What the papers say: December 11
Road pricing under threat after Manchester revolt
The Times reports that the future of road pricing is in the balance as other towns and cities await the result of tomorrow's referendum in Manchester. More than 1.9 million of the city's residents have been balloted on a plan to charge drivers up to £5-a-day to drive in certain areas of the city. The paper says that schemes in Cambridge, Bristol and Leeds could be cancelled in the wake of a 'no' vote in Manchester.
Police chief facing revolt over drink-drive targets
A chief constable is facing a revolt among rank and file officers over driving-related performance targets, according to The Daily Telegraph. Richard Brunstrom is being criticised by officers for the growing amount of paperwork they have to complete in order to meet targets. One officer was told to stand outside a school until he had booked five motorists for not wearing a seatbelt.
The Daily Telegraph
Formula for change
The Daily Mail reports on a meeting of Formula One bosses, who are looking for ways to cut the financial demands imposed by the sport. The move comes amid fears that more teams could pull out due to falling road car sales. Renault's monthly sales in the UK are down 63.99% year on year; Mercedes' figures are down 57.22%; Toyota by 40.77%, with BMW's sales falling 40.72%.
The Daily Mail
Ecclestone not worried by Honda's exit
A report in The Daily Telegraph says that Formula One chief Bernie Ecclestone isn't unduly worried by the demise of Honda's F1 team. Quoting Ecclestone as saying that Honda was 'no great loss', he pointed to the team's lack of success on the race track. He claimed they wasted millions and were a bad example to other teams.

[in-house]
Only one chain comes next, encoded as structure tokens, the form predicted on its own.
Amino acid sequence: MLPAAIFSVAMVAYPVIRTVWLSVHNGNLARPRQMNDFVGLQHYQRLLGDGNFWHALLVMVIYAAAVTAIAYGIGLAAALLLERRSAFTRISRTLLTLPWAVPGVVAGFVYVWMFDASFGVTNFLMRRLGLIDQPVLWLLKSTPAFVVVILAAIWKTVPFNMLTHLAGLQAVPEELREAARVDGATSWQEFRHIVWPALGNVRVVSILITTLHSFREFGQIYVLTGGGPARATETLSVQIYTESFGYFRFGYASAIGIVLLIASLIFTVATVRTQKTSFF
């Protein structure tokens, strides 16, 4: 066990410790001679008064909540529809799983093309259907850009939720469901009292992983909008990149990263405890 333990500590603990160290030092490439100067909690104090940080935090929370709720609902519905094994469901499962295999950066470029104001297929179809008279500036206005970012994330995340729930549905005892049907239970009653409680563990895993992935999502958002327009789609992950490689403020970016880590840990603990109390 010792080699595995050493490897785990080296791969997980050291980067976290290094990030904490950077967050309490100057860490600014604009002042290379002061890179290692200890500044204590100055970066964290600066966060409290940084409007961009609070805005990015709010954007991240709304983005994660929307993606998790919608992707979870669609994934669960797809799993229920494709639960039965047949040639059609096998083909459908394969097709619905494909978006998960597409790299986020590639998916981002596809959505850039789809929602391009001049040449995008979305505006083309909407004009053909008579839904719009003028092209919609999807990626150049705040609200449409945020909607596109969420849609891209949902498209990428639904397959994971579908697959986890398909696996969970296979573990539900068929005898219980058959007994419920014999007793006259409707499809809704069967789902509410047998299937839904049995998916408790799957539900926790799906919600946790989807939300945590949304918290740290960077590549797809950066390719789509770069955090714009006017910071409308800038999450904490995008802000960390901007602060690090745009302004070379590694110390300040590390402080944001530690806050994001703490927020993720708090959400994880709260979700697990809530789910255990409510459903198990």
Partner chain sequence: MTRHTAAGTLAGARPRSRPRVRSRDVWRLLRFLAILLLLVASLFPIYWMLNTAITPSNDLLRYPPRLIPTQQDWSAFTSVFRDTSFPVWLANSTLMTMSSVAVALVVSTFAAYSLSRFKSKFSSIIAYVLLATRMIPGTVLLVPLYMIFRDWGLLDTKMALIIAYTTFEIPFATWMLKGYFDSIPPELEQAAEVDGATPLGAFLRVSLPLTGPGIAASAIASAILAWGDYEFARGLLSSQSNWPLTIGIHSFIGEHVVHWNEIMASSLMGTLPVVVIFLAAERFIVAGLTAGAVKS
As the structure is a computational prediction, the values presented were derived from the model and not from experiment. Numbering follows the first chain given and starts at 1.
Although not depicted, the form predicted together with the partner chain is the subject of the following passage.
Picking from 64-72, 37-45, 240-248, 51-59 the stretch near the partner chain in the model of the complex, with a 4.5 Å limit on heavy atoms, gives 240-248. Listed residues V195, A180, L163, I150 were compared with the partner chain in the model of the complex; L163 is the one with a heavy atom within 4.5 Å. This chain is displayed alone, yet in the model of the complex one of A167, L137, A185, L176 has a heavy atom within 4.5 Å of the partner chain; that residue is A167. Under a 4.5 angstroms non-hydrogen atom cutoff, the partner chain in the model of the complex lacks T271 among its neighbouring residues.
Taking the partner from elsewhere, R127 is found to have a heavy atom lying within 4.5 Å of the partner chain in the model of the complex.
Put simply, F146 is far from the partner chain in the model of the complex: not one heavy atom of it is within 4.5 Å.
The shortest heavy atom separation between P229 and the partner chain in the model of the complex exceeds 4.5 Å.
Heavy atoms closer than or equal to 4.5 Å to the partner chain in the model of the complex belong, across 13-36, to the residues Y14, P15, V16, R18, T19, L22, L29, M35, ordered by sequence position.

The Daily Telegraph
Formula One could exit cost Honda £100 million
Unless a buyer is found for its F1 team, Honda's decision to leave the sport could cost it over £100 million, according to the Times. Apart from paying up to £24 million in compensation to Jenson Button, who had just signed a new three-year contract, the company will also face redundancy payments to some of the sports highest earners.
US car industry bail-out al most in the bag
The Times reports that Washington has reached a 'tentative' agreement on the planned £15 billion (£10.1 billion) bail-out of America's beleaguered auto industry. The plan should help safeguard up to three million jobs and will run over a period of seven years.
Chrysler, Ford and GM feel wrath of the internet
The Times carries details of a viral e-mail, referring to the planned US state bail-out, that has been arriving in thousands of American inboxes. The e-mail reads: 'You wouldn't buy our s####y cars, so we'll be taking your money anyway. The bail-out, coming this January.'
Car sales plunge in India
New car sales in India fell by nearly a fifth last month, according to the Times. The fall in sales was the sharpest in eight years.